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Mexicano Miners, Dual Wage, and the Pursuit of Wage Equality in Miami, Arizona.”…

By Christine Marin --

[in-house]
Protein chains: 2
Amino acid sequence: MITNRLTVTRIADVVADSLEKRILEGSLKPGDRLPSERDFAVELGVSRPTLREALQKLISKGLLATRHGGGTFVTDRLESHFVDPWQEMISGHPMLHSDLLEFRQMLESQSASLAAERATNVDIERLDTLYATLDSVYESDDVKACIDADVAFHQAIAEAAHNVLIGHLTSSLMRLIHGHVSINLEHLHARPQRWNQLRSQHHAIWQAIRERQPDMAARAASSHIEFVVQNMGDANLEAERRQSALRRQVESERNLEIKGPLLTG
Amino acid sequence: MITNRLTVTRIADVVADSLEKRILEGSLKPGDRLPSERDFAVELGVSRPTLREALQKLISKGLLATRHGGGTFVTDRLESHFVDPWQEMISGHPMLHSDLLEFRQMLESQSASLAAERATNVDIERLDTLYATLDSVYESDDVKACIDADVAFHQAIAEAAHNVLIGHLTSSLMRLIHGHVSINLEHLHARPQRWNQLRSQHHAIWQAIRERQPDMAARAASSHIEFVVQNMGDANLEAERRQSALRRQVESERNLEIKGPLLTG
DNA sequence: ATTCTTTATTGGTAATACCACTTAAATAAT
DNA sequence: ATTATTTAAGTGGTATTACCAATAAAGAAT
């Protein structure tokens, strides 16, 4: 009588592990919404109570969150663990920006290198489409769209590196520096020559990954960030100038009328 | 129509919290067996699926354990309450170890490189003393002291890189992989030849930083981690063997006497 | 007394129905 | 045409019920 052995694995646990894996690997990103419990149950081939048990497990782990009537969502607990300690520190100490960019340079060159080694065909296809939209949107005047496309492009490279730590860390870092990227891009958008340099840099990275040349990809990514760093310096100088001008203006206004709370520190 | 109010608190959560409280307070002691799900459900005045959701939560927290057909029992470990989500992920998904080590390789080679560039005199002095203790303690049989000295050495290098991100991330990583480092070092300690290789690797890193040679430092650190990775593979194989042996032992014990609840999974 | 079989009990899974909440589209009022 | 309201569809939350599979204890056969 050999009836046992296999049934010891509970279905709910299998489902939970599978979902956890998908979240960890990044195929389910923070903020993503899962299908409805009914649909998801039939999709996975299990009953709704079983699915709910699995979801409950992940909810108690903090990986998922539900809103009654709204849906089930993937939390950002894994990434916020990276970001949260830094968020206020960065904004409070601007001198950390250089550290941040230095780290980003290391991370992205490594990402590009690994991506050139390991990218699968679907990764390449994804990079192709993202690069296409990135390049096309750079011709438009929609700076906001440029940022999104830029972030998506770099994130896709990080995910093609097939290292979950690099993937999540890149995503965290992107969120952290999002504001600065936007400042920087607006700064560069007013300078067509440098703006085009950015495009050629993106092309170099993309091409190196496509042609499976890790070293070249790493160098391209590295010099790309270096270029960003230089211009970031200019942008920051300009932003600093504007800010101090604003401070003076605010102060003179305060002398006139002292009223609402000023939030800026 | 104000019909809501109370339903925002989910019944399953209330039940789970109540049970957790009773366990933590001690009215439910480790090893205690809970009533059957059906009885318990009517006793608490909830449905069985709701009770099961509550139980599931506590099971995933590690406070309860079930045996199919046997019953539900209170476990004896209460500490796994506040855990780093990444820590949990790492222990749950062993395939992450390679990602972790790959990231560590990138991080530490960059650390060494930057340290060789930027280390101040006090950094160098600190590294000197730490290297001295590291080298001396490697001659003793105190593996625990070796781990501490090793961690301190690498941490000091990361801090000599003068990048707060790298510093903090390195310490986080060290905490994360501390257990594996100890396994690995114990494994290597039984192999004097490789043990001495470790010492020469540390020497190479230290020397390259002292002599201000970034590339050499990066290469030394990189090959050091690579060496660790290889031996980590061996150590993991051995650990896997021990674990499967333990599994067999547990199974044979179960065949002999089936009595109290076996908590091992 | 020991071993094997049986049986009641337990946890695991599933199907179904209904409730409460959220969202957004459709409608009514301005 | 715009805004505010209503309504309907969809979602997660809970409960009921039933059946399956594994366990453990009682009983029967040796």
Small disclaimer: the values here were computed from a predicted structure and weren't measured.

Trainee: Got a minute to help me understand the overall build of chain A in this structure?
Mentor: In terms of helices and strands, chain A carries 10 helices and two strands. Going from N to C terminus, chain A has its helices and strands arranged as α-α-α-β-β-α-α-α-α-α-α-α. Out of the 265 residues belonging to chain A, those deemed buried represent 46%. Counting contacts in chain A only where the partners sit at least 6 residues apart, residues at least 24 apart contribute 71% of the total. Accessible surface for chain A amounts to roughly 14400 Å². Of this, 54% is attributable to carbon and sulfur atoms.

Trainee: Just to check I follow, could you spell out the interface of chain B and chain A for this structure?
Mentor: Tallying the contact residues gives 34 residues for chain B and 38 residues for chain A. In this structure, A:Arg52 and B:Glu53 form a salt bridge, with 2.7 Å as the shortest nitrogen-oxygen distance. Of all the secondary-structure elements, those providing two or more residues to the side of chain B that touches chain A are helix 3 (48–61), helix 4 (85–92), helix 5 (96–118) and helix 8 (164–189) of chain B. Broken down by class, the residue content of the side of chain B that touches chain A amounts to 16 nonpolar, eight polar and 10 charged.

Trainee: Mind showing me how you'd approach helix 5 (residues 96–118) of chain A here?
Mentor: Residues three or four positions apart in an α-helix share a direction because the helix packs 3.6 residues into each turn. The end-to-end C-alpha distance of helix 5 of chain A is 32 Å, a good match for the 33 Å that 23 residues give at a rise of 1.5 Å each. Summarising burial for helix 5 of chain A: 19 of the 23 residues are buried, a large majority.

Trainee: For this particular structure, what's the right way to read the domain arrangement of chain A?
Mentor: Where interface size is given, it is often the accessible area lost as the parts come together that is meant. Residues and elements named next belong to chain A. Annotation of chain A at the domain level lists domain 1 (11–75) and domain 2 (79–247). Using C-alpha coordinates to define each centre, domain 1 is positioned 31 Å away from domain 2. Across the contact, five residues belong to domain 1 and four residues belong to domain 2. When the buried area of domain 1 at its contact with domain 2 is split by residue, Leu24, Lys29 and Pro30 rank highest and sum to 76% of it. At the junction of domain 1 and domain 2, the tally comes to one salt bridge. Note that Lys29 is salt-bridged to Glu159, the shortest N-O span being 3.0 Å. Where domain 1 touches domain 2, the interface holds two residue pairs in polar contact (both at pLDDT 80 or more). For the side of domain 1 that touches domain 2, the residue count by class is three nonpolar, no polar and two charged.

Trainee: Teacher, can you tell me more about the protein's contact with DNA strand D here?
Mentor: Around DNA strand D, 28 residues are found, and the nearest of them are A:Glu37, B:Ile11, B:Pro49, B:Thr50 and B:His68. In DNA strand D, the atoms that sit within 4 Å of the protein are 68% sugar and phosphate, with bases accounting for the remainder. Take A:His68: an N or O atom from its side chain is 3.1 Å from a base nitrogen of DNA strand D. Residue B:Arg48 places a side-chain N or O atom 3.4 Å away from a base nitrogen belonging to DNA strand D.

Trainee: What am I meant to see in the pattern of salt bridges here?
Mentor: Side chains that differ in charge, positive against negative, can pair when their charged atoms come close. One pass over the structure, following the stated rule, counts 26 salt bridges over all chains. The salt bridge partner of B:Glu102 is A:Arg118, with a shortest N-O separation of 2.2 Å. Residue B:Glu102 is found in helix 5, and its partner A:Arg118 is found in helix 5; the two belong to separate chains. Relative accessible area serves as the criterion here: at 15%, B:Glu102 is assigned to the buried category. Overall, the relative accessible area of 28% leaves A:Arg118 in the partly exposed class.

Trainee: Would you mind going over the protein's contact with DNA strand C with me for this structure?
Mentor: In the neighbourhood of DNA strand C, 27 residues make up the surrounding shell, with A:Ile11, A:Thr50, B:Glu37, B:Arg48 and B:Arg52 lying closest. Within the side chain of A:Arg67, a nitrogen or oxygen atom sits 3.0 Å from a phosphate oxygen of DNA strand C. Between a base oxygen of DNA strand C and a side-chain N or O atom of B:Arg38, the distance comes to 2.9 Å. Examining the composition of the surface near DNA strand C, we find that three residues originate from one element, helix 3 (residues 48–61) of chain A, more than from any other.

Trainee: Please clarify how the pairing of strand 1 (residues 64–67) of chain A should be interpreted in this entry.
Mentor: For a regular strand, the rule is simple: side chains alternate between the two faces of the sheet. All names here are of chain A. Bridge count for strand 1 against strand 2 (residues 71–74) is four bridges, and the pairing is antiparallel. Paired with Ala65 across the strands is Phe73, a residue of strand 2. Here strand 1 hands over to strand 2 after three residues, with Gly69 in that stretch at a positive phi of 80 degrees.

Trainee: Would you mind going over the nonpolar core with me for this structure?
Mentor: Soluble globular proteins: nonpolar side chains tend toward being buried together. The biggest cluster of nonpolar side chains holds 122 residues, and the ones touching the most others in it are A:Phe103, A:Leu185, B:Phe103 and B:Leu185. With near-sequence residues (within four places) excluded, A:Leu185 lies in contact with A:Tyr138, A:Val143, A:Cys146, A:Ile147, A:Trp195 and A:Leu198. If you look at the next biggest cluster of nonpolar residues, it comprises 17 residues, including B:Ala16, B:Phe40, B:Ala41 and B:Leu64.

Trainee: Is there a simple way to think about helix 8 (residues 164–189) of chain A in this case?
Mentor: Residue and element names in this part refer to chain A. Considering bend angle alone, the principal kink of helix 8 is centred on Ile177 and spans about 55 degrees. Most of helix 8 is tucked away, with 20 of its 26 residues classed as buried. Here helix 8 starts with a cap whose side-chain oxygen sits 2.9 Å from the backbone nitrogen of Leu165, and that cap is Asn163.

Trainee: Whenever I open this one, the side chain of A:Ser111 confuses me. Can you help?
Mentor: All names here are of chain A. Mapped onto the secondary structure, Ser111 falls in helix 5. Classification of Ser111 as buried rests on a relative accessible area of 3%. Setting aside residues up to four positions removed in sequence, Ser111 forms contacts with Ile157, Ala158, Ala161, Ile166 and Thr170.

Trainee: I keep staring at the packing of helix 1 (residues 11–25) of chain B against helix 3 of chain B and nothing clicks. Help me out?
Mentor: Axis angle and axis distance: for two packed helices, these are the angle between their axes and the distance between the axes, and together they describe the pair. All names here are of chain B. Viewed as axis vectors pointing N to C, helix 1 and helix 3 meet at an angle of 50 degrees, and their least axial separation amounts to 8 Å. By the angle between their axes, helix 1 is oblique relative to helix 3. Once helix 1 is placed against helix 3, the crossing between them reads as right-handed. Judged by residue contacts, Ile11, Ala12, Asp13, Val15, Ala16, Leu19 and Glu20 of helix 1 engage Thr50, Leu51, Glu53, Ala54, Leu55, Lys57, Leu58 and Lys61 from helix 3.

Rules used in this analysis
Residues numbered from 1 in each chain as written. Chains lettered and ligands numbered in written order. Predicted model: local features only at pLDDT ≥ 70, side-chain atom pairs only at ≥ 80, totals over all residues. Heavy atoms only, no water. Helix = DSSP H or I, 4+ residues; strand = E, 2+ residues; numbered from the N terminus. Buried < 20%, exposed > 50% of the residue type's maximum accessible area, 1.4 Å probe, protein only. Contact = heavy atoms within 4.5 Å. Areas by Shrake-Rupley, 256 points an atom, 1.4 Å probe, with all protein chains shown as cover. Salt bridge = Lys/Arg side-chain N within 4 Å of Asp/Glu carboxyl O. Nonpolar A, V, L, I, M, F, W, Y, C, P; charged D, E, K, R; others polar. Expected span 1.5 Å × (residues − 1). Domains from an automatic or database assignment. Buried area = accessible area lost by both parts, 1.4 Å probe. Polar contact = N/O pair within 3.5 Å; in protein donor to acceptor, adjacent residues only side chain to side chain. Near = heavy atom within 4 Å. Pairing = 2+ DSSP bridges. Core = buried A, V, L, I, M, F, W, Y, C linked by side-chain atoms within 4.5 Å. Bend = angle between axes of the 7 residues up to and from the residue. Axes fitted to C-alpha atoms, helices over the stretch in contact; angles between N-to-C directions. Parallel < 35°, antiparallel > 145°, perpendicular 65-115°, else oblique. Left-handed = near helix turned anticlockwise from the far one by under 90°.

Since the early 1900s, the copper mining town of Miami, Arizona forged a long and bitter history of racism and socio-economic discrimination of Mexicanos and Mexican Americans----from school segregation in the 1920s to the deportation and repatriation of Mexicans and Mexican Americans from Miami to Mexico in the era of the Great Depression, to the post World War II era and the current practice of the discriminatory dual wage system in the mines: paying them less than whites for the same type of work. This was particularly the case of the Mexican American women who worked with white women in the copper mines during the era of World War II. Mining officials ignored attempts by their union representatives to end wage differentials. Today, and in these times, Mexican American women/Latinas still battle the gender wage gap, still demand equal pay for equal work, and continue to work with their unions to achieve a fair wage. The racialized dual wage persists. And why it does is a matter that needs constant vigilance. --


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